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Pretty used to being with Gwyneth

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Frank in all directions

Jean Cocteau and Jean Marais

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« In Which Paterson New Jersey Is Exposed Almost Completely »

Which Dream Is This?


dir. Jim Jarmusch
118 minutes

Adam Driver's wife Laura (the Iranian-born actress Golshifteh Farahani) wakes up every morning and tells him in detail what her dream from the night before was like. Over the period of one week, which is all it takes for Paterson to unfold, these specific descriptions grow increasingly maddening. It does not matter at all how beautiful something is, we surmise from Driver's ongoing reactions to his life. Monotony is a destroyer, killing life wherever it is found.

An enthusiastic misunderstanding of William Carlos Williams is required to enjoy Paterson. Williams was a doctor and a very complicated person. He was not a bus driver or anything like it. Paterson, NJ, in Jarmusch's imitation of it, is not simple either. Different lives and stories weave throughout Driver's day-to-day life. He views them as one views the world from a bus: at a remote distance. In the mornings and the nights he is able to enter some of what he sees in his notebook full of poetry.

Jarmusch is a master at retaining how real conversations flow and react to one another. He never seems to judge any of the people in his story, which makes them seem so much more authentic. You get the sense of individuals who have not been focus-tested or even focused on as antagonists or protagonists. This is is glimpse of living in the world.

Driver carries around a copy of Frank O'Hara's Lunch Poems, and I could not help thinking about how completely different these two people were to write poems that approach each other in tone and subject matter. There is some of that in Paterson — the tendency of people in proximity to each other to parrot and parallel similar behaviors and traits. O'Hara was a flamboyant homosexual who worked at the Museum of Modern Art. Just miles from that place and decades from that time, there is something sad about not being able to reach beyond that aesthetic.

Jarmusch tries to stay true to a cinematic representation of this general artistic sense. He is in love with the way people deal with the problems they face. The miracle of any artistic creation is that it has the possibility of becoming something far different than its creator intended. This never quite happens to Driver's character, which is a shame, but it has happened to Jarmusch here.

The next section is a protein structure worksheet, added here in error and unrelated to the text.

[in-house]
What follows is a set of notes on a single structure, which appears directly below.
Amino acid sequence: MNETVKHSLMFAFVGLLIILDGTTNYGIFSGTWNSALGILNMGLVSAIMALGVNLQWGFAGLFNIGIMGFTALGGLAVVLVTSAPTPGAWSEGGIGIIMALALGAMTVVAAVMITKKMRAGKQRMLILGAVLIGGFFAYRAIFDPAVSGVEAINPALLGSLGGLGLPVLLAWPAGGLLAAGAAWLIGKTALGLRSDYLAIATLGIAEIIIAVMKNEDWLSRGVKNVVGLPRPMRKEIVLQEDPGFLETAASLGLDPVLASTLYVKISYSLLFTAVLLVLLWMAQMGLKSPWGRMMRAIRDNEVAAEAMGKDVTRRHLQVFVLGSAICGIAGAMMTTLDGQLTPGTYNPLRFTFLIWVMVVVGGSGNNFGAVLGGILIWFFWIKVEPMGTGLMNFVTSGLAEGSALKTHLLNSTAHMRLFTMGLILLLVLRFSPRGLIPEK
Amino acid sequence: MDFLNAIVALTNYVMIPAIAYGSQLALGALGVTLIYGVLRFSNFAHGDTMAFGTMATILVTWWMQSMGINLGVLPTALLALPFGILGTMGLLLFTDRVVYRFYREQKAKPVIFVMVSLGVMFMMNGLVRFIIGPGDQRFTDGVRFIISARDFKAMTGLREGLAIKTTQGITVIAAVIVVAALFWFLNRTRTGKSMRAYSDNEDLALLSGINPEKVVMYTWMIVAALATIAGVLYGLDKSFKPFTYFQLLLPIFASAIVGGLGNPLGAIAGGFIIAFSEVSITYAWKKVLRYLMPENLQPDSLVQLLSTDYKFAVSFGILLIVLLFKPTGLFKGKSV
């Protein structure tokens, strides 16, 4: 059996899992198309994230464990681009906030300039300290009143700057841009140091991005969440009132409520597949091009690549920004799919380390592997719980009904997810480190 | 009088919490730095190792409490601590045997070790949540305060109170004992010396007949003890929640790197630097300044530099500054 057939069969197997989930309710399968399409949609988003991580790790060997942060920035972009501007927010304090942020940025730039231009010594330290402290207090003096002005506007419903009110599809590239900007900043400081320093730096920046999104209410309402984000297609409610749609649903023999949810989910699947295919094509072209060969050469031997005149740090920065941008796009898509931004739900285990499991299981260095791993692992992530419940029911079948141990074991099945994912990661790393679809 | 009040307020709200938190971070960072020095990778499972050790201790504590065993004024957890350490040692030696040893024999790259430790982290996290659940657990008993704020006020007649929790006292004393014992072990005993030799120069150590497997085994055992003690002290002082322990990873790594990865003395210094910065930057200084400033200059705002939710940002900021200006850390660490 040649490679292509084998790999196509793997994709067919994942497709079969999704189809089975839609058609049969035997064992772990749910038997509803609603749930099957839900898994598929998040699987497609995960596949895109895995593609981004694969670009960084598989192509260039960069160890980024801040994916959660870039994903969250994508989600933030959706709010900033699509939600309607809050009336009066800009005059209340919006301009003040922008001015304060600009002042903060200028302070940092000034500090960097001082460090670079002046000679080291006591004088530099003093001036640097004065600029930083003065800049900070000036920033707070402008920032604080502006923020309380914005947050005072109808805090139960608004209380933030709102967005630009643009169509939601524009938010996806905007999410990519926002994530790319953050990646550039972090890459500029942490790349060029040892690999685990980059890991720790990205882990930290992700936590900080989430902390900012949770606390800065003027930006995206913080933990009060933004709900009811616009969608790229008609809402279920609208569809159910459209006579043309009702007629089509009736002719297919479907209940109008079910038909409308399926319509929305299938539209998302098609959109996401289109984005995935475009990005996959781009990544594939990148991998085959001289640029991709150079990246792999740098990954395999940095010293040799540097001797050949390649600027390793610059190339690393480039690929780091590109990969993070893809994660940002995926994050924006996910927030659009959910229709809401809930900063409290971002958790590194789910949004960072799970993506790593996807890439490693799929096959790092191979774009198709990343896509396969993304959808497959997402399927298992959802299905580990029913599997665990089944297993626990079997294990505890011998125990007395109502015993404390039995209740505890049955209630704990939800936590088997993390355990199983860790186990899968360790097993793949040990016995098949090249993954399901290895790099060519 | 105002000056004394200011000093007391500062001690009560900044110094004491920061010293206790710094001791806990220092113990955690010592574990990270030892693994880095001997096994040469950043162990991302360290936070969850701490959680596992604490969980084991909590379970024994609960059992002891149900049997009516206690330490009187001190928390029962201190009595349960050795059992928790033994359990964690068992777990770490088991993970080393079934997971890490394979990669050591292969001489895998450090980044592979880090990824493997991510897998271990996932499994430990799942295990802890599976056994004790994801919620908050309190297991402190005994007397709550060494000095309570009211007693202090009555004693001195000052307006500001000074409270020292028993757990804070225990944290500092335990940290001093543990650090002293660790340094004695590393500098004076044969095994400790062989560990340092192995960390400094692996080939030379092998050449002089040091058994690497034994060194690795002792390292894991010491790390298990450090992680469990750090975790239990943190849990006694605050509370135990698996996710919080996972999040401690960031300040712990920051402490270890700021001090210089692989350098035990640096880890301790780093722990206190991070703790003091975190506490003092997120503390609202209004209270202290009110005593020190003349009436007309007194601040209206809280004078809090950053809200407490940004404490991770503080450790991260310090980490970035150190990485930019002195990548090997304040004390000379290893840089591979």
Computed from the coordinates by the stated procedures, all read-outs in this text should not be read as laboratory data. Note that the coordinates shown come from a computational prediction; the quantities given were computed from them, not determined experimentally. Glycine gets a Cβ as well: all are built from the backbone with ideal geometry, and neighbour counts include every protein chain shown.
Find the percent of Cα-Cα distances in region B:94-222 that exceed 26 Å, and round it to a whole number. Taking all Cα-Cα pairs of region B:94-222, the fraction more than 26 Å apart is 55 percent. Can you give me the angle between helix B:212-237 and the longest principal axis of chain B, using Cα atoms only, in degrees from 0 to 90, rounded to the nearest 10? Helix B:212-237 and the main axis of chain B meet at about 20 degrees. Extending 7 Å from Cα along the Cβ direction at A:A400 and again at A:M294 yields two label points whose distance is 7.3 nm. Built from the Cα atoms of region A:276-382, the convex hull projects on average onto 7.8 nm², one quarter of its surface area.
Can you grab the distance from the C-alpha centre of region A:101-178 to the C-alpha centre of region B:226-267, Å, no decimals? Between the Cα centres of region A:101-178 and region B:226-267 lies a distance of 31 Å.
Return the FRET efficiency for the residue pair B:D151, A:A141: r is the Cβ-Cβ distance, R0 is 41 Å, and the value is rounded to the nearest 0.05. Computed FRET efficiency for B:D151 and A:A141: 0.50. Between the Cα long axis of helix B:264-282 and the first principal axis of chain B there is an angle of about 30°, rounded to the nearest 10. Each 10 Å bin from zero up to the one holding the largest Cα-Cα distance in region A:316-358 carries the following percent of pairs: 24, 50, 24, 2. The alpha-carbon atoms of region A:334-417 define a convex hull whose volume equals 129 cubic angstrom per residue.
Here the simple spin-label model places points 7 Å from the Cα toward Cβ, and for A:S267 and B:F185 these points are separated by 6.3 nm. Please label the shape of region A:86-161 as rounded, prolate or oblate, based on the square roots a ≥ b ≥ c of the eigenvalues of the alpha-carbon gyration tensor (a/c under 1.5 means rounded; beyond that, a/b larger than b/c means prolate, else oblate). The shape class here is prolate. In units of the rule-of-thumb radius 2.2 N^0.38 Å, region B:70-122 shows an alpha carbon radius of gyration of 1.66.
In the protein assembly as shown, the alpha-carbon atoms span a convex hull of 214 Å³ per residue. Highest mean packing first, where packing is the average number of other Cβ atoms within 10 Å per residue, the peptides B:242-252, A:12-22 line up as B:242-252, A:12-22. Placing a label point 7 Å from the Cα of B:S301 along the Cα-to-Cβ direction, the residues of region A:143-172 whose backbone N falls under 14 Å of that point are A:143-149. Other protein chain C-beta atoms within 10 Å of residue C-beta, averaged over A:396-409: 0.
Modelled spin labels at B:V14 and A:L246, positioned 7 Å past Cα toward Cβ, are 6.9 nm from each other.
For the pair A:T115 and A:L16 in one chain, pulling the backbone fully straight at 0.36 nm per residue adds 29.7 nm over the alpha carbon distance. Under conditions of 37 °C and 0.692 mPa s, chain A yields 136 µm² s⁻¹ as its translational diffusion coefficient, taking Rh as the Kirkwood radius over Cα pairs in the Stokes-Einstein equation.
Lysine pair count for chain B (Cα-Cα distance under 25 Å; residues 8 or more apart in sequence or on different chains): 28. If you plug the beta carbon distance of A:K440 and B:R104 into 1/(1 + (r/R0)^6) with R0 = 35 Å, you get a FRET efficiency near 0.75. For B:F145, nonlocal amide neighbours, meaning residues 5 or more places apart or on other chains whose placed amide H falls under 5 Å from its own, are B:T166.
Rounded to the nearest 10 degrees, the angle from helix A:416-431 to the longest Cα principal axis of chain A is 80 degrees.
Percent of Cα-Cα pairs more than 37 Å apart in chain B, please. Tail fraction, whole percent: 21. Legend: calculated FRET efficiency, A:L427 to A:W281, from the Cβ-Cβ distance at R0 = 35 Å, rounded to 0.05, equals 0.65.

Maybe at some point he intended Driver's relationship with his wife to be a happy arrangement, but as the week goes on, we sense a definite distance between the two. He resents his life, and by extension their life. He does what he can to make his wife happy, but never exceeds the limits of his powers. For her part, Laura sees her husband more as an object than a person with his own dreams and needs. For this reason it is hard to call Paterson anything but a very serious tragedy.

It is fun to see Jarmusch dial in the trappings of his modernity into this sterile, timeless world. He has an eye for how we interact with such conveniences, but it is the eye of an old man who resists fading into the firmament of his life. Despite approaching 65, Jim has never lost his basic curiosity regarding what life holds for us. In Paterson he makes a movie that could be profoundly happy for some and deeply depressing for others. This magical style of filmmaking takes on whatever emotion and perspective we bring to it, establishing indeterminancy as a vibrant emotion into which we desire to project ourselves.

As a result of watching Paterson I now find the poetry of William Carlos Williams completely inadequate to the task. It all seems so dated and distant, like Driver when he is propelling the bus through the gross streets of these neighborhoods. Through style, content and the progression of time, Jim Jarmusch pushes us beyond the gift of mere presence. We wish for an artistic expression which can explode through the windows of the vehicle, commas and periods that denote sentences. A marriage that will last.

Alex Carnevale is the editor of This Recording.

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